Editor’s Note: What follows is not a typical blog post. It is a part feature story and part column that I wrote about one of my favorite childhood authors Brenda Scott Wilkinson. I hope you enjoy it!
In one of my favorite hymns “Amazing Grace,” it is said, “I once was lost, but now am found.” Earlier this year, Brenda Scott Wilkinson, a Georgia native who wrote a series of children’s books: Ludell (1975), Ludell and Willie (1976), and Ludell’s New York Time (1980), was listed among the “Lost Southern Voices” honored in Revival: Lost Southern Voices.
Originated by Georgia State University and Perimeter College professors, writers and scholars are invited to “discuss favorite authors whose works no longer receive the attention and reading they deserve” through this two-day Georgia literary festival celebrating lost and underappreciated Southern writers, according to the festival website. Despite being very celebrated and widely read at one point, having been the recipient of the New York Times Book Review Outstanding Children’s Book of the Year, an American Library Association Best Books for Young Adults and a School Library Journal Best Children’s Book designations for works in her trilogy, Wilkinson was likely presumed to be lost by festival organizers as she does not have a website nor is her contact information easily accessible through other means.
But through God’s amazing grace and the journalistic skills instilled in me by the Henry W. Grady College of Journalism & Mass Communication at the University of Georgia, another of Georgia’s wonderful institutions of higher education, I was able to track down one of my favorite childhood authors and interview her about her writing career. Although Brenda, which she asked me to call her, was born in Moultrie, Georgia in 1946, her Ludell series is based in Waycross, Georgia. “We moved from Moultrie to Waycross when I was in the fourth grade when I was about eight years old. I lived in Waycross until I graduated from high school in 1963,” says Brenda. According to her first book’s description, “Ludell Wilson is a wisecracking bookworm and burgeoning writer who adores her best friend Ruthie Mae, her loving–but strict–grandmother, and everything about growing up. (Including her first pair of blue jeans, and her first boyfriend.) But in the still-segregated South, Ludell’s warm community exists side-by-side with poverty and injustice.”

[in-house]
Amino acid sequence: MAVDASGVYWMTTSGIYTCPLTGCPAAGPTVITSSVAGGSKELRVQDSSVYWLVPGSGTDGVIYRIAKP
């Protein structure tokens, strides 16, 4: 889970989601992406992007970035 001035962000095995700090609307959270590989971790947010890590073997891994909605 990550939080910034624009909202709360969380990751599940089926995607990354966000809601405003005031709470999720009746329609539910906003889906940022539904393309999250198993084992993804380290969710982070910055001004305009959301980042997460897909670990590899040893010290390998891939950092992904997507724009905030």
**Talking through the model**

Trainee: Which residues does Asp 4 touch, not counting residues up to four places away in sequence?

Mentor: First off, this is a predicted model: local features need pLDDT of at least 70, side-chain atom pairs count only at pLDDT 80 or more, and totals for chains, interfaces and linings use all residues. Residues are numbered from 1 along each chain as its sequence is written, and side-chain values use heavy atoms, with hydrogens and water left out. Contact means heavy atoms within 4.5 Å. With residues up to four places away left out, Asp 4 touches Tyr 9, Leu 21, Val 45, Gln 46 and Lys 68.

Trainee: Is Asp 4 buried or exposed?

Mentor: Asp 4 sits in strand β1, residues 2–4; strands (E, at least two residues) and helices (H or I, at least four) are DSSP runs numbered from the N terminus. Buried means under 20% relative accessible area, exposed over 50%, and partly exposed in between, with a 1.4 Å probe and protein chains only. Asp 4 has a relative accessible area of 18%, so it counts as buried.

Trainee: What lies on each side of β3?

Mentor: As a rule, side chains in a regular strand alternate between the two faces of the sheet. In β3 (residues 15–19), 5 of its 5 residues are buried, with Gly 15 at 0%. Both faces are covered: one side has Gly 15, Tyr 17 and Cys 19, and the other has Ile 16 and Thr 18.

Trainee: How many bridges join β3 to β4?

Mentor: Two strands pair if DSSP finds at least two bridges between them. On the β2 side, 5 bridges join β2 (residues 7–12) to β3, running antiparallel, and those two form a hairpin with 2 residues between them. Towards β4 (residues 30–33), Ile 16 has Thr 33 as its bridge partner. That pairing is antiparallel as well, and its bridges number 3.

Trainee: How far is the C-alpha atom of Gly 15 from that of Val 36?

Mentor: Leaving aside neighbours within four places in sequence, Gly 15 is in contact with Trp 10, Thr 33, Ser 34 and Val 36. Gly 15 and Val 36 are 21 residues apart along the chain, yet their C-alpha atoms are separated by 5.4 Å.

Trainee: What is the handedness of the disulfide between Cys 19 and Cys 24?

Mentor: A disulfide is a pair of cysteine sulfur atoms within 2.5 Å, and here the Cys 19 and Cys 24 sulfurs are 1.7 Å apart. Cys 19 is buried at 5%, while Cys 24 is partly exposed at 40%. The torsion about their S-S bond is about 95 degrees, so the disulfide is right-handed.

Brenda admits that Ludell’s childhood, in part, mirrors her own. “I wasn’t raised by my grandparents, but I grew up in a generation whose parents were a part of the Great Migration,” Brenda says. “Parents who couldn’t find decent work and they would often leave children with grandparents or other relatives. The same thing that the Caribbean people and Africans do now. So I grew up with a lot of children who grew up in those kinds of households. And I did attend a segregated elementary school that went from first to seventh grade and in high school from seventh grade to senior year.”
Unlike Ludell, however, Brenda didn’t want to be a writer as a child. “I knew I was an avid reader, but I wanted to be a secretary. There was this show that came on, The Ann Sothern Show, where this woman was a secretary and I thought that was the most glamorous thing in the world, to be able to sit at a desk with a typewriter even though when I took typing in high school, I did poorly,” says Brenda with laughter. “I just thought it was very glamorous when you could have an office and sit and type.”